The early minicomics of Hanawalt (Coyote Doggirl) crackle with the raw, fearless sense of humor she honed in her later books, then put to work on the animated series BoJack Horseman and Tuca & Bertie. This collection showcases Hanawalt’s weird but uncomfortably familiar worldbuilding, where tiny birds invade the bodies of plane passengers, abortion is performed by luring the fetus out with chocolate, and recurring anthropomorphic characters She-Moose and He-Horse engage in mundane activities that take sharp turns into absurd comedy or casual body horror. The volume mixes short comics with illustrations of animals and listicles like “Bad Pets,” “Worst Sandwiches,” and “Is It Scary or Cute?” Hanawalt’s funhouse-mirror anxiety warp hits a comic high pitch in “Things We Are Sorry We Did Last Night,” in which she starts by waking up next to a horse only to recall more and more outrageous regrets. “It feels good to reflect on all the important lessons I learned by being in my twenties and making a ton of dumb mistakes,” Hanawalt writes in her introduction. But for all their raunch, gross-out humor, and unabashed goofiness, these comics don’t feel like outtakes. They hit as freshly funny and subversive, and will appeal to dedicated fans of Hanawalt’s peculiar oeuvre as well as those just getting an introduction. (Aug.)

Reviewed on 06/26/2020 | Details & Permalink

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Bad Island

Stanley Donwood. Norton, $18 (144p) ISBN 978-1-324-00185-0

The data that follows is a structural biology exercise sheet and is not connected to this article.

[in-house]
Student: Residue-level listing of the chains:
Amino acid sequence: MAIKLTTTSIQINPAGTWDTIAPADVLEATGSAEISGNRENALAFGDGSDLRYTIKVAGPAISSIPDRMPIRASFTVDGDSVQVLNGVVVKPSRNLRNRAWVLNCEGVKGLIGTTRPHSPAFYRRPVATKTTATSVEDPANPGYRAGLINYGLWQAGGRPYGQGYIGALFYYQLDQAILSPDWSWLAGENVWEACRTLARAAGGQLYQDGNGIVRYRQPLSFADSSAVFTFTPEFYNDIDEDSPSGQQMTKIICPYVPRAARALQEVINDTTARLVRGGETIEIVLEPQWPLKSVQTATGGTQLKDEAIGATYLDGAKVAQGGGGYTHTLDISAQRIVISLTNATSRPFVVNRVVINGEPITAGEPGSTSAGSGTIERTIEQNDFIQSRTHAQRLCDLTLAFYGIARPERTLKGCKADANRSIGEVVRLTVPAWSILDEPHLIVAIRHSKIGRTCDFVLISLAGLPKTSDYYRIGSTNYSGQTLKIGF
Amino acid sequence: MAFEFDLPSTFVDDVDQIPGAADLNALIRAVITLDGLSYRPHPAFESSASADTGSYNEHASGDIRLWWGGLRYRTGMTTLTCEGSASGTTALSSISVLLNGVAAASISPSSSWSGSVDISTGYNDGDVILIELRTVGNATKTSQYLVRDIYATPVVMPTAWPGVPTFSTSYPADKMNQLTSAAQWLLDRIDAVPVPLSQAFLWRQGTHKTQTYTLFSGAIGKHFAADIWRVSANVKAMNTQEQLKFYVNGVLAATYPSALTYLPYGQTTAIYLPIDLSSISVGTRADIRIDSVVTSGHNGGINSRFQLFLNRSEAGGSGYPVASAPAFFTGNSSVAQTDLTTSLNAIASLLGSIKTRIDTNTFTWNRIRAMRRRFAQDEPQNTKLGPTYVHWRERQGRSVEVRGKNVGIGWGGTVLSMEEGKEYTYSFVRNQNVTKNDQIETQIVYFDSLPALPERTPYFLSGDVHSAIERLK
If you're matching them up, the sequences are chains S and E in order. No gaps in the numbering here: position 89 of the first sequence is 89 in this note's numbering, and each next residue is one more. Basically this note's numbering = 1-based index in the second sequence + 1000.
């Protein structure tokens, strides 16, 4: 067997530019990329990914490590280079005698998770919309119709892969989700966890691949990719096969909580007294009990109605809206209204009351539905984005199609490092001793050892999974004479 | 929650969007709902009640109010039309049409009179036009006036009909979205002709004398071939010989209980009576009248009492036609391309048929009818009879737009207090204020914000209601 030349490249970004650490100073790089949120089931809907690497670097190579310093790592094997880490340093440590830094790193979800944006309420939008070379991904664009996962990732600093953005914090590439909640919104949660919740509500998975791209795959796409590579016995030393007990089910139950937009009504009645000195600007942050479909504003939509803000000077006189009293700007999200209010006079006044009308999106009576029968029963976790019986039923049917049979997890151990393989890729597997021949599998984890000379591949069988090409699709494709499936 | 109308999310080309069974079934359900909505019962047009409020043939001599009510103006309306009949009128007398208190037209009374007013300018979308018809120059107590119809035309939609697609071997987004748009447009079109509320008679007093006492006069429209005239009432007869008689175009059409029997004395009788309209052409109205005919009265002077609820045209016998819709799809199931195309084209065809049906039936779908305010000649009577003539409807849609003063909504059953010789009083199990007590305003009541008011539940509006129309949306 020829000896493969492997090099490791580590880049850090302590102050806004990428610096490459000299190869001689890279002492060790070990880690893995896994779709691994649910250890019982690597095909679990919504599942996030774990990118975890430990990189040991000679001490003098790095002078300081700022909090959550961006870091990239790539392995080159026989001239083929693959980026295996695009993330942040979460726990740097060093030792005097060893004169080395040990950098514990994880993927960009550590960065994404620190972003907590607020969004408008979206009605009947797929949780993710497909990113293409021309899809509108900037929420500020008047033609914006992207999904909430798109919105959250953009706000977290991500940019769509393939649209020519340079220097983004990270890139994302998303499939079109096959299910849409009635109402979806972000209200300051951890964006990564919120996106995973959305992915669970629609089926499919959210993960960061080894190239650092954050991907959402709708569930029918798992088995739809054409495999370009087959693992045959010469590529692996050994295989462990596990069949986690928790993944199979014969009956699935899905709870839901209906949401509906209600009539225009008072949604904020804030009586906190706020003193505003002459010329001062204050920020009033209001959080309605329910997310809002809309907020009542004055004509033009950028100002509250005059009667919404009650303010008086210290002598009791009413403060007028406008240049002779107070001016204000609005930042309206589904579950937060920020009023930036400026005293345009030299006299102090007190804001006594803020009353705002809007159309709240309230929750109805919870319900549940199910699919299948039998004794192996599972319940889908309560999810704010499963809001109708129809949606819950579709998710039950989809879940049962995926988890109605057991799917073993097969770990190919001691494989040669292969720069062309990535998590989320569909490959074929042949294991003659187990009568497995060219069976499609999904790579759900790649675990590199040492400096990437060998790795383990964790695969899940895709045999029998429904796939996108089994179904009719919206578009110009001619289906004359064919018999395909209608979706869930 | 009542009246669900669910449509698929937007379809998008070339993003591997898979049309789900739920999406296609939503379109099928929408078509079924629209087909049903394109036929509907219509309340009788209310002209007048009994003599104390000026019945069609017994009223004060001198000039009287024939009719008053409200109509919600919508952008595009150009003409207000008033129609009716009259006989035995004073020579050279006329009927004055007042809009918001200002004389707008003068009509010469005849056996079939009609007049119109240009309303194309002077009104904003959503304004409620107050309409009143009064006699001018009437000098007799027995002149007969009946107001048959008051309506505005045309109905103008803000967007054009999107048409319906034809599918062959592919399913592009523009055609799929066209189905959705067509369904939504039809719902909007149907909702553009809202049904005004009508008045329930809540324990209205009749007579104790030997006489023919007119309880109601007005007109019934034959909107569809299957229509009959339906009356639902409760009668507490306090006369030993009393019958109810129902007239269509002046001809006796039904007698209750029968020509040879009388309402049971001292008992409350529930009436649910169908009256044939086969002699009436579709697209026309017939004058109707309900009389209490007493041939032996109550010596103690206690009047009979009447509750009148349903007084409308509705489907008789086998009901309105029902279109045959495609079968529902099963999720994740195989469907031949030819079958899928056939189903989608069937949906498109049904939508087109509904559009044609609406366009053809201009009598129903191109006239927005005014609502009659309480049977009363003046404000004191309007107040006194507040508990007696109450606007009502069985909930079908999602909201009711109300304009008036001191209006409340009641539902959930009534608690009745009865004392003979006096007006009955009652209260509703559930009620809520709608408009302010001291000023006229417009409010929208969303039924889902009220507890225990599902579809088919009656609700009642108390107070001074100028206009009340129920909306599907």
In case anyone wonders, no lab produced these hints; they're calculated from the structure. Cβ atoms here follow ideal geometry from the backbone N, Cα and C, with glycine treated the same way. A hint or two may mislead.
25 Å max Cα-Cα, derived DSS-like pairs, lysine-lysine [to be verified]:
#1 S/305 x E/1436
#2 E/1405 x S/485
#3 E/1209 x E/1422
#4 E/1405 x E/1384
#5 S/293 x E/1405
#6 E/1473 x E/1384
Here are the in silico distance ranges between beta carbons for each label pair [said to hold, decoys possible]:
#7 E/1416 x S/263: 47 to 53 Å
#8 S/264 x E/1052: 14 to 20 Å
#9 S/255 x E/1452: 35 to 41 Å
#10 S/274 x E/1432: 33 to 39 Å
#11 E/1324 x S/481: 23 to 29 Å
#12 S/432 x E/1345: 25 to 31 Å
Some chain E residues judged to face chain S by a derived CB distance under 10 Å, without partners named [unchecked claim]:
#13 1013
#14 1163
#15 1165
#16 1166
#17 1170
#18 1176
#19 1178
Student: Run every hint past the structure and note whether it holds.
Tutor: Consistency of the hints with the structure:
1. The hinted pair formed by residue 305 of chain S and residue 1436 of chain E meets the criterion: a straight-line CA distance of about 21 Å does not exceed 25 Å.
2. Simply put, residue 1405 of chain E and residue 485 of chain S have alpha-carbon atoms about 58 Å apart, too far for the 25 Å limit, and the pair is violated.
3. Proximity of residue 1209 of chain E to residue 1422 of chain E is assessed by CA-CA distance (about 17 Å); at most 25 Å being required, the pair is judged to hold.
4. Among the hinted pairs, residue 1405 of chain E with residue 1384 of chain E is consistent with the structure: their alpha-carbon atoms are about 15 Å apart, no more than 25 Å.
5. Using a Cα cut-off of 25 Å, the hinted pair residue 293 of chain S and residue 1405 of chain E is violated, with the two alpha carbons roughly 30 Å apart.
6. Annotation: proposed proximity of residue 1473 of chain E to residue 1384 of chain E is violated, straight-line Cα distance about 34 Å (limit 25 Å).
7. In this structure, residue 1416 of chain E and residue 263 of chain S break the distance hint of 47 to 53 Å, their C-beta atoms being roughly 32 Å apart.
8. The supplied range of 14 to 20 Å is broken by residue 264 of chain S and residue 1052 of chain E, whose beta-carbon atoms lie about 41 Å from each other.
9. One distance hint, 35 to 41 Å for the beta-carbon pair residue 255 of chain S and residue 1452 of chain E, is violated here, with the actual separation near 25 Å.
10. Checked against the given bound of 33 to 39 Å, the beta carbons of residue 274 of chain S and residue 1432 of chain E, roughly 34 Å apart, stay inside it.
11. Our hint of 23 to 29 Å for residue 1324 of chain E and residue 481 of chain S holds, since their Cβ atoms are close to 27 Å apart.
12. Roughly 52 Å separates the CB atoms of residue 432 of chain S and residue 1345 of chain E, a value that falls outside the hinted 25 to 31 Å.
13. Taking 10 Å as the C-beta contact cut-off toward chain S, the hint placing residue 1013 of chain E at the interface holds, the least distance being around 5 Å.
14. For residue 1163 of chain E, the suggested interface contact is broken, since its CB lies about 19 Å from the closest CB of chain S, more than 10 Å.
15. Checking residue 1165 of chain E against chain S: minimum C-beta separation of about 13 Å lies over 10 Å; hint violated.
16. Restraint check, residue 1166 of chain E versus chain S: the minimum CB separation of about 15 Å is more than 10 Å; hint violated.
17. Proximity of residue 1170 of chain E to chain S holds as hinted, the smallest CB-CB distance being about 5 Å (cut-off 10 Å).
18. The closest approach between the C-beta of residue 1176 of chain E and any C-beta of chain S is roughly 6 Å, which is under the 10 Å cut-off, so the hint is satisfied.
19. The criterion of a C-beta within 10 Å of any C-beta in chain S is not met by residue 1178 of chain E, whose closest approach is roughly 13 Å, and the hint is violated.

Donwood (There Will Be No Quiet), resident artist for the band Radiohead, unfurls a wordless parable that contrasts the relentless power of nature with the violence of humankind. Donwood opens cinematically, with a slow tracking shot that roams through a roiling sea, represented by swirling horizontal lines, to an island with smoldering volcanoes. Life on the island slowly reveals itself as it transforms: various flora and prehistoric creatures are supplanted by humans. Images of hunted animals and toppled trees give way to houses and buildings. Perhaps inevitably, vapors from the volcanoes merge with fumes billowing from factory smokestacks, which are then accompanied by skyscrapers and other symbols of modern civilization. Only a few marginal human figures are visible, dwarfed by their surroundings. Finally, missiles fill the skies and lead to annihilation. With this microcosm of evolution, Donwood presents humankind as a force driven to sow destruction of the natural world—an ages-old theme enlivened considerably with Donwood’s striking imagery­—rendered in bold black-and-white woodcut-like visuals, mixed with rhythmic op art patterns—including one standout sequence that juxtaposes patterns of raindrops, bare tree branches, and churning waves. The result is a hypnotic, trenchant allegory that is both beautiful to look at and hard to look away from. (Oct.)